You don’t have to be religious to oppose abortion. And you certainly don’t need to be religious to oppose murder. So, Americans of all backgrounds are shocked by the vote on Montana’s “born alive” Referendum 131, which, according to Townhall’s Leah Barkoukis, would have required “medical care for infants born alive, including in an abortion.”
Let’s say, only for argument’s sake, a pro-lifer was to concede a baby still in the womb is not “alive.” There is zero argument a living baby, outside the womb, is not alive. If allowing that baby to die, killing by neglect, is not murder, then at what point after birth can’t a human being be allowed to die from neglect?
An hour? A day? A month? A year? Anytime? The radical left always pushes the moral/ethical envelope, morally desensitizing people, so they can no longer define life.
Can anyone imagine walking down the street, seeing a helpless newborn on a bench, and not helping that baby? What’s the difference between that baby and a baby on a delivery room table?
The argument Referendum 131 makes doesn’t pertain to abortion because it’s specifically about babies “born alive.” And it appears Montana voters have just sanctioned murder by neglect—intentional neglect.
Some election observers say Montanans voted against the initiative because the arguments were “confusing.” Barkoukis wrote, “Proponents said it would give persons born alive legal protections that entitles them to medical care so they are not left to die, while opponents said infanticide is already illegal in the state.”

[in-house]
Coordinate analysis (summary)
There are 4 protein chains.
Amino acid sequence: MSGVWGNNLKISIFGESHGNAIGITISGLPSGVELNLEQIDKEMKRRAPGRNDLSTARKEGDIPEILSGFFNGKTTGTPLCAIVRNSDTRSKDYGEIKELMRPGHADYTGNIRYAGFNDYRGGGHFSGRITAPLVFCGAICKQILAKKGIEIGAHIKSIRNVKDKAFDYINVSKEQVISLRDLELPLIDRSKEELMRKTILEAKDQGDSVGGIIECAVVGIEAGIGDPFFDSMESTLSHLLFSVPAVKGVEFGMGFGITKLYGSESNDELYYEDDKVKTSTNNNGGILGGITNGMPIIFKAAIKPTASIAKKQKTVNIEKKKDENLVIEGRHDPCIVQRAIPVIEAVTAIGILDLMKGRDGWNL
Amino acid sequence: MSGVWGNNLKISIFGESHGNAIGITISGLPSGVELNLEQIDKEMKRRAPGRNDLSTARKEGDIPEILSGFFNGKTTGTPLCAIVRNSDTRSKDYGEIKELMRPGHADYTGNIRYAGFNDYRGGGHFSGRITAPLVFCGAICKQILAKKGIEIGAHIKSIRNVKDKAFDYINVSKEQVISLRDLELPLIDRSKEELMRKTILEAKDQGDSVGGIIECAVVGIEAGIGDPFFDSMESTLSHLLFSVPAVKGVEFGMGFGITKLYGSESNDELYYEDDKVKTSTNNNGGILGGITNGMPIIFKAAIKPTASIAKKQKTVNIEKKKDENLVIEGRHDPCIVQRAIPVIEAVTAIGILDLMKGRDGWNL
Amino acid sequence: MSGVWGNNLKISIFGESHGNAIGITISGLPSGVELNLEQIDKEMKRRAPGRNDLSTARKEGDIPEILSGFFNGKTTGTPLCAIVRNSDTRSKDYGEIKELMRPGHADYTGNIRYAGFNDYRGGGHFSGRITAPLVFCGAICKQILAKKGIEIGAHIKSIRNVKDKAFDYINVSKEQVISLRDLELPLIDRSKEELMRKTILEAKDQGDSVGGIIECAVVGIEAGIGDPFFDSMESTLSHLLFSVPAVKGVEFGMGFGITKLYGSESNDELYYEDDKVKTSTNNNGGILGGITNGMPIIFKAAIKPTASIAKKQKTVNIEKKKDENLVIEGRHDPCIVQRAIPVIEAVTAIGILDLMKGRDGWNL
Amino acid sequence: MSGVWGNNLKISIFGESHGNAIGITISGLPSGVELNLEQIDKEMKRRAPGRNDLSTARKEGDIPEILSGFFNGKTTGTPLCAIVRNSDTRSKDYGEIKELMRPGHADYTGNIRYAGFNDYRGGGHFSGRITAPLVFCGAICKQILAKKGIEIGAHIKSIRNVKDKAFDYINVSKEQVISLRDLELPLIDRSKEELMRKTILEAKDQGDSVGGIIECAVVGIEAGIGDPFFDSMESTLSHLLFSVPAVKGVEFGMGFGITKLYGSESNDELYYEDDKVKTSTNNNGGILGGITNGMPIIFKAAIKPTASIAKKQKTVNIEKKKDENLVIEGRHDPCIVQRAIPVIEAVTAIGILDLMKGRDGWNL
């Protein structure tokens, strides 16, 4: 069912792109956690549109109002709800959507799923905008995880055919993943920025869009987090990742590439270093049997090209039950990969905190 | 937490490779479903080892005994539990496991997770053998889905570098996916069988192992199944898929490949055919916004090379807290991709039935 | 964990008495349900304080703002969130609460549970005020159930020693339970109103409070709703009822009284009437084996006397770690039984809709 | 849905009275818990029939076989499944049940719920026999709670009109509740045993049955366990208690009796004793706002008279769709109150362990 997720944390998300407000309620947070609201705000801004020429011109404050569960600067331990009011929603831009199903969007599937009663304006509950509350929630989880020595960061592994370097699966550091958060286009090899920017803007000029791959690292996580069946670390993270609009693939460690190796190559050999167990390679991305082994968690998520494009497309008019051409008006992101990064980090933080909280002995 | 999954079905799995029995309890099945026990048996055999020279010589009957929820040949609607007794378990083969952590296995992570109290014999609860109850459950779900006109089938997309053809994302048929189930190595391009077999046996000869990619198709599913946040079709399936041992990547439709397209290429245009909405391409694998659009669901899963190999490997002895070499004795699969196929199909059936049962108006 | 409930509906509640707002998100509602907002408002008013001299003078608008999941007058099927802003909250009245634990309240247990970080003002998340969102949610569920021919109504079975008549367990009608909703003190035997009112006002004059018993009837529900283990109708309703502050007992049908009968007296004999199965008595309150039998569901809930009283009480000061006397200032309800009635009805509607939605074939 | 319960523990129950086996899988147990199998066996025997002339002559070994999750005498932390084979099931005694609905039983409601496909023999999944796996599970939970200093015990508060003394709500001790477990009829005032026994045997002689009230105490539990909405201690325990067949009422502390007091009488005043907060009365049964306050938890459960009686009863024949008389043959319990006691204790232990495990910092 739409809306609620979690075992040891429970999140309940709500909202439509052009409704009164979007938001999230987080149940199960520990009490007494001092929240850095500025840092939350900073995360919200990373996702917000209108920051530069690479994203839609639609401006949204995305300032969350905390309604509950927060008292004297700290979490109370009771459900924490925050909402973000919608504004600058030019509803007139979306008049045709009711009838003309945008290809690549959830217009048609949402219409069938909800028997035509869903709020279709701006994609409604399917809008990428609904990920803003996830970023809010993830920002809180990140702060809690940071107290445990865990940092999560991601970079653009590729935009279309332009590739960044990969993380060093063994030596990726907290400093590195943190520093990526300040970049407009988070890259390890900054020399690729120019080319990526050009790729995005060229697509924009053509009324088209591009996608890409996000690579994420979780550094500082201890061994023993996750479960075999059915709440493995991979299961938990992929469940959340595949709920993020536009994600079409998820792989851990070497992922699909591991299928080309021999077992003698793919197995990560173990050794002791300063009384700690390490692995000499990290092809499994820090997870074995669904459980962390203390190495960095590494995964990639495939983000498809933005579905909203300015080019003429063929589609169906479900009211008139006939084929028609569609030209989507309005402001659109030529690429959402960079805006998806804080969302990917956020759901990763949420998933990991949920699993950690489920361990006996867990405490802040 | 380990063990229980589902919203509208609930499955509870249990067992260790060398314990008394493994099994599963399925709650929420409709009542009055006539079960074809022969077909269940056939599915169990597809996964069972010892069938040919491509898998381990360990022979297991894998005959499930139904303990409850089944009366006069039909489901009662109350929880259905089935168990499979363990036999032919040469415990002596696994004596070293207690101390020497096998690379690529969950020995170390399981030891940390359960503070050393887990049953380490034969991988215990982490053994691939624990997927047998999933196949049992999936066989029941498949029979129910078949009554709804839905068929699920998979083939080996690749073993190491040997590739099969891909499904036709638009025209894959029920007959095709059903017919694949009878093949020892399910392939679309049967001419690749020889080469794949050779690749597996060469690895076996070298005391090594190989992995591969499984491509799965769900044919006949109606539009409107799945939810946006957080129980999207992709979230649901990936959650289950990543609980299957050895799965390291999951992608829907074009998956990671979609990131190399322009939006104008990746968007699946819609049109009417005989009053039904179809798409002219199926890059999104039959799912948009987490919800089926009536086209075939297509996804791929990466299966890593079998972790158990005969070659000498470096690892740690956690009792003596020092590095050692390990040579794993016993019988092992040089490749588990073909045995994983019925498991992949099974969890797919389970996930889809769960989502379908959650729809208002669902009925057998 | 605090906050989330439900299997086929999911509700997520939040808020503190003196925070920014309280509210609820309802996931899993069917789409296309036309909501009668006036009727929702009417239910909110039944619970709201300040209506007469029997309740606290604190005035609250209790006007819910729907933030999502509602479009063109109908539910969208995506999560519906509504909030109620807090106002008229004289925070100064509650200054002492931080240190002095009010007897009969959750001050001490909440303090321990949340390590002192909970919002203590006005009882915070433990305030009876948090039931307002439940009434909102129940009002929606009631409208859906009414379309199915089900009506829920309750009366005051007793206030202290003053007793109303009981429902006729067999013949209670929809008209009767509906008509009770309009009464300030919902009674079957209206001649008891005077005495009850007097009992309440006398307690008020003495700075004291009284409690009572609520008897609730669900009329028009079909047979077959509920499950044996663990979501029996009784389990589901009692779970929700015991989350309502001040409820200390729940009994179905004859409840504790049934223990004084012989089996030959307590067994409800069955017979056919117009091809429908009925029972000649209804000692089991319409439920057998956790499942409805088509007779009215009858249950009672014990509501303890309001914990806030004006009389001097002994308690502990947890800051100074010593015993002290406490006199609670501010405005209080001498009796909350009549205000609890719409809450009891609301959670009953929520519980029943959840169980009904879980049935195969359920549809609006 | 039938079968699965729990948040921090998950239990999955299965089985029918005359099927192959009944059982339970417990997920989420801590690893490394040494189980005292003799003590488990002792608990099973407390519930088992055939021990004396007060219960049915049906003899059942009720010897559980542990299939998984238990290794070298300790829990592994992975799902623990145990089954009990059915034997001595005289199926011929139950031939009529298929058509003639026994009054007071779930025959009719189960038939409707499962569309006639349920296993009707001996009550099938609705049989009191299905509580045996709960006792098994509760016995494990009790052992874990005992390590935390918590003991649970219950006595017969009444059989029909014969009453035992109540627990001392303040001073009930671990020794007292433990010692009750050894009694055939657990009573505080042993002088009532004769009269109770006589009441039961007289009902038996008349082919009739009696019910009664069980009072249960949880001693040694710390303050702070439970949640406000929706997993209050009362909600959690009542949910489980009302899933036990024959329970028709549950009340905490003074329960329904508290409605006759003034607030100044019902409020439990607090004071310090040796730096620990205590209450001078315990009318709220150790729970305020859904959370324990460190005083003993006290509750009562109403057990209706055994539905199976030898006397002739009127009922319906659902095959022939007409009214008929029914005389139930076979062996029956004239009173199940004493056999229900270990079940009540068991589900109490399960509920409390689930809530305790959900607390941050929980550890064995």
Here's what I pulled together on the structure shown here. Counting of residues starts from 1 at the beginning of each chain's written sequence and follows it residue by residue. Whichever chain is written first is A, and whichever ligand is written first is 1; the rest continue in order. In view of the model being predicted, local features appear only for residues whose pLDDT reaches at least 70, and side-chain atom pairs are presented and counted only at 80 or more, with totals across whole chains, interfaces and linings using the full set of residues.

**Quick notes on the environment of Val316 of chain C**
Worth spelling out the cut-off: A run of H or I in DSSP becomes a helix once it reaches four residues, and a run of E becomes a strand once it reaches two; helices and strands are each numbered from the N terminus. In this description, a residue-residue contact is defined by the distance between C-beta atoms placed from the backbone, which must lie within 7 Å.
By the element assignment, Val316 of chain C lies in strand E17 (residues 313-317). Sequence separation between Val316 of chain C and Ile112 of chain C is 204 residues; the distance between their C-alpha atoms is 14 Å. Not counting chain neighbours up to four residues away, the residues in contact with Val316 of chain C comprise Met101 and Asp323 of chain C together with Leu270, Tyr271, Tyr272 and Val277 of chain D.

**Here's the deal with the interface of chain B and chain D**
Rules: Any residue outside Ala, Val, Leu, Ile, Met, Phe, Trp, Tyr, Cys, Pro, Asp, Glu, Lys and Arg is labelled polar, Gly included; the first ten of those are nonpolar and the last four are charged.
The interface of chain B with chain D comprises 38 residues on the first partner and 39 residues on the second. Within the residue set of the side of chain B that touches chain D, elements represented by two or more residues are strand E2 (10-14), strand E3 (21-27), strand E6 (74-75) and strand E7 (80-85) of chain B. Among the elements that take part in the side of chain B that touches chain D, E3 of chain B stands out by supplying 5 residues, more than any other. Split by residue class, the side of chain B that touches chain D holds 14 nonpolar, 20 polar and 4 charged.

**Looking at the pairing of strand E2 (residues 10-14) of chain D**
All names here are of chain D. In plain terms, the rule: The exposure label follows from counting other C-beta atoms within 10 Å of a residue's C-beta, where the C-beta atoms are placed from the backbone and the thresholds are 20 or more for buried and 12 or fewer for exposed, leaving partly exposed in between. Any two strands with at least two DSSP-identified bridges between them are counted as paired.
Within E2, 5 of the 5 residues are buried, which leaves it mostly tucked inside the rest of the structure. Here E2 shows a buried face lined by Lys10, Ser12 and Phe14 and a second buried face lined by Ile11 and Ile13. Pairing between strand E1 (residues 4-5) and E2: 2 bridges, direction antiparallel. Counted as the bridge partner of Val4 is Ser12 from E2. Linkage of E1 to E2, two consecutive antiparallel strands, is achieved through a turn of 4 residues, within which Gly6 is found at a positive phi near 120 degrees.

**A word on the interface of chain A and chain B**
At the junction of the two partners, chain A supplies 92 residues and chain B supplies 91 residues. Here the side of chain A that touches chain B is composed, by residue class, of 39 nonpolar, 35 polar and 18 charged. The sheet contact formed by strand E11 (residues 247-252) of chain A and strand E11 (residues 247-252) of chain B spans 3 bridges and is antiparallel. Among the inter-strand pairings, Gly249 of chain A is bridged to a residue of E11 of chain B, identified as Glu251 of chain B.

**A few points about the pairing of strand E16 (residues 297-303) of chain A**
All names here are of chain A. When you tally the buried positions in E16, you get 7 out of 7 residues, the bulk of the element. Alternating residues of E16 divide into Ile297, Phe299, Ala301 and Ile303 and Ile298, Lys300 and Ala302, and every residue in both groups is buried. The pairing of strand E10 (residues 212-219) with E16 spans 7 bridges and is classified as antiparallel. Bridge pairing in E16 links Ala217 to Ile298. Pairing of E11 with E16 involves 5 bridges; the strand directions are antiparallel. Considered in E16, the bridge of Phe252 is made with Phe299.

Oddly, “medical organizations rallied to oppose…” providing care to infants born alive even after an attempted abortion. They absurdly argued it would “criminalize healthcare providers for offering palliative care at the parents’ request to infants who will not survive.”
If the baby is legitimately going to die, how could providing compassionate end-of-life care put medical staff in legal jeopardy? The measure would have outlawed not providing care.
Promoters intended the initiative to prevent those who shall “first, do no harm” from doing harm.
Though the issue may have some legitimate grey areas, the argument should side with life. To protect medical providers from failing to provide medical care to any human being, no matter how long they’ve been out of the womb, is despicable.
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